Co-Sponsored by ICES
Co-Convenors: Hidehiro Kato (Japan), Begoña Santos (ICES, Spain) and William J. Sydeman (U.S.A.)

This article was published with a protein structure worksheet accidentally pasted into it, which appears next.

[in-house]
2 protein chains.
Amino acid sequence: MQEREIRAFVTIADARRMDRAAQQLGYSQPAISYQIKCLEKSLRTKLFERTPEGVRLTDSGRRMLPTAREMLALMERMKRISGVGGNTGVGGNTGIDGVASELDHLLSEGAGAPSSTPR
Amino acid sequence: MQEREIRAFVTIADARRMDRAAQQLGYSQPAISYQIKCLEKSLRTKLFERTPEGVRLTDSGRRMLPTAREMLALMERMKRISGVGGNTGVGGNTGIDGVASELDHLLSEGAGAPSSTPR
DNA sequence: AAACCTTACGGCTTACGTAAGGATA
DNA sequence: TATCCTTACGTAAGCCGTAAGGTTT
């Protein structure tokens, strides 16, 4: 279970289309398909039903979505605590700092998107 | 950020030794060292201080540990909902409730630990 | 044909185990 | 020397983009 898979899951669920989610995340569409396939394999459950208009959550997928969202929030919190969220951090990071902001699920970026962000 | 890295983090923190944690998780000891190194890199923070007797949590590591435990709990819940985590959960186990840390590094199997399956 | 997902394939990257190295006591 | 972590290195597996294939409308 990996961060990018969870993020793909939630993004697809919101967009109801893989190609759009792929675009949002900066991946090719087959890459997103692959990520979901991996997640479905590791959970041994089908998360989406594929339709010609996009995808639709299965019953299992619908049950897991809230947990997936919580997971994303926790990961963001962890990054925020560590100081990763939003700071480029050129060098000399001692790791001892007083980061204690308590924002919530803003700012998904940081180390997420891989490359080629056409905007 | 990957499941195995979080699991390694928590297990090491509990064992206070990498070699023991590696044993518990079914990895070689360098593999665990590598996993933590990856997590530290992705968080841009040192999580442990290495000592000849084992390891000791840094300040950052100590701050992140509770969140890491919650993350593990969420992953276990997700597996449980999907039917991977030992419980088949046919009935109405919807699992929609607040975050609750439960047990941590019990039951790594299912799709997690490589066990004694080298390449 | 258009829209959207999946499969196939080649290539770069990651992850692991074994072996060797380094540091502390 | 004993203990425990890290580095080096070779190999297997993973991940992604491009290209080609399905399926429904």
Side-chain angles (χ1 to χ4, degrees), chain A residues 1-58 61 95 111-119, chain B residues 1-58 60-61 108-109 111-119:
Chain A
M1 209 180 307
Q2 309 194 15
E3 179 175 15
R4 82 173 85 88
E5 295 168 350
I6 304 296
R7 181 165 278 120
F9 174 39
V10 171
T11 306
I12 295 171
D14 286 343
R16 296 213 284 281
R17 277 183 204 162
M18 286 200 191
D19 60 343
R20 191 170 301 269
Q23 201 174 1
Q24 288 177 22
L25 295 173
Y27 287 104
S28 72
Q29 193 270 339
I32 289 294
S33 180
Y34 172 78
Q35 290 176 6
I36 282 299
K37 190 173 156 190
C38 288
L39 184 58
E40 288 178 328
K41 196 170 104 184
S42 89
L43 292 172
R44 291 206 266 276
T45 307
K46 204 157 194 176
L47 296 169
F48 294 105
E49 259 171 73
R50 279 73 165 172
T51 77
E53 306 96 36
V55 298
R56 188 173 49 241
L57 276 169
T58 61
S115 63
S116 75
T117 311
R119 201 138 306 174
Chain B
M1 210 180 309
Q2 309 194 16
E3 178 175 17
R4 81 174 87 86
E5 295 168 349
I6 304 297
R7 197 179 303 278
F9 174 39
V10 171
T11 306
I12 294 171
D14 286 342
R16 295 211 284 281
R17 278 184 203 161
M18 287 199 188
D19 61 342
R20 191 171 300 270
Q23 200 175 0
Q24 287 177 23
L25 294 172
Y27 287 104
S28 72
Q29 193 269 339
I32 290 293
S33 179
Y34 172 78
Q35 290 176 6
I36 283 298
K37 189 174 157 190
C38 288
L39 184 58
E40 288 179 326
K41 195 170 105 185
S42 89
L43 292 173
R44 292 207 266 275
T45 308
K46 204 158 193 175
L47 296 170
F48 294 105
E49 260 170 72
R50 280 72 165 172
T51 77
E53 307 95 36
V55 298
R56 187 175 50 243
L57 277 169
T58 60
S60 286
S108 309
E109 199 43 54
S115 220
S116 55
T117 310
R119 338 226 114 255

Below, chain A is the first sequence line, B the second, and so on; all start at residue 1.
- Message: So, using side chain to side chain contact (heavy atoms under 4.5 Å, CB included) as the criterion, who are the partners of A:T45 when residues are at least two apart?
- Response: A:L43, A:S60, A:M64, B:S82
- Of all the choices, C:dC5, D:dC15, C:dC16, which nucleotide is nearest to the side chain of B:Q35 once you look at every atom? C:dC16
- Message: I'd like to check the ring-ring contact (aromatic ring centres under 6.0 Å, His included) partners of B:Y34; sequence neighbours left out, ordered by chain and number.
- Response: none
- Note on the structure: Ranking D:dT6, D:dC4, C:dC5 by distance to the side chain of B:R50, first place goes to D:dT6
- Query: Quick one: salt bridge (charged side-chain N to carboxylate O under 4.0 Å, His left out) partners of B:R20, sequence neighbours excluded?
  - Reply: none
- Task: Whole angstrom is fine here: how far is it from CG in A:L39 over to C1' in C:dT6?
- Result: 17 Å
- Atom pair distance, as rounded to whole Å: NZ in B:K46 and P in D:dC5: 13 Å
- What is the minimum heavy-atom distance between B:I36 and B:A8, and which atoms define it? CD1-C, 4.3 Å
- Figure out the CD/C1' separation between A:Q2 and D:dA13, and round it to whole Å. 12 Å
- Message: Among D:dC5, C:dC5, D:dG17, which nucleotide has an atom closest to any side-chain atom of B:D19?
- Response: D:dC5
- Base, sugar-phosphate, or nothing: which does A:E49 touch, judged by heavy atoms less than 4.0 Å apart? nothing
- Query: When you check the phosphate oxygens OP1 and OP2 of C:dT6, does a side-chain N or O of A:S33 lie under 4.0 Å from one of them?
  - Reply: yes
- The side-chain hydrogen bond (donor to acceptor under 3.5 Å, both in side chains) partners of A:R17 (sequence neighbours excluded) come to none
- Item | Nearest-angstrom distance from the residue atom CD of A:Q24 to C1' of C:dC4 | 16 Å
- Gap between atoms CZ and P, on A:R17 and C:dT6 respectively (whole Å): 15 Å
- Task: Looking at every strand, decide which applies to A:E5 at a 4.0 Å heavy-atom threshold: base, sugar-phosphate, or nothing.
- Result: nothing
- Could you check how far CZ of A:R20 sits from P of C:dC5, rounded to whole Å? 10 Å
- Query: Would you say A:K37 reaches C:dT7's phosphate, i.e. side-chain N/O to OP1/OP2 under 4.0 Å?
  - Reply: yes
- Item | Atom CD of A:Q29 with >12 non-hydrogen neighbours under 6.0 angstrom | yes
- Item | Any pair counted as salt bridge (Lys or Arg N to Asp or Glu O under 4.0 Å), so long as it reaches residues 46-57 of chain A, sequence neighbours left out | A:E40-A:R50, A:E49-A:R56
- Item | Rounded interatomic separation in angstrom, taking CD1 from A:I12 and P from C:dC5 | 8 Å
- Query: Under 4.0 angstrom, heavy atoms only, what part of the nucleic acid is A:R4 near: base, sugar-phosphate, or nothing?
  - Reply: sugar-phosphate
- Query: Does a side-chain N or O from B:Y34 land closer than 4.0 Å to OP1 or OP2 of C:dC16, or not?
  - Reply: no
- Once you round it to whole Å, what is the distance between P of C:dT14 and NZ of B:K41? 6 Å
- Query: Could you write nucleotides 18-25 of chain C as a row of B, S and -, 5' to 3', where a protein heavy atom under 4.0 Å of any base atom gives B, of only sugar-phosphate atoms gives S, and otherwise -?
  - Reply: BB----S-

In many marine ecosystems from tropical to arctic waters, marine mammals are showing considerable changes in abundance. In general, cetaceans, recovering from historical exploitation, are increasing, whereas some pinniped species are declining regionally, while others are increasing. Models of marine mammal prey consumption indicate that ~20-60% of secondary production may be taken by these top consumers. Therefore, marine mammals may exert «top-down» control on food webs, as well as functioning as competitors to fish, seabirds, and humans for mid-trophic level food resources. One of the goals of PICES and ICES science is to enhance forecasts of ecosystem change attributable to climate and anthropogenic forcings. Given this goal, the workshop will review and assess rates of marine mammal population and prey consumption changes in the North Pacific and North Atlantic. Presentations are invited on changes in marine mammal abundance, distribution, diet, and prey consumption. Discussion will focus on how to best integrate this information into models of ecosystem dynamics, with and without climate change and fishing impacts.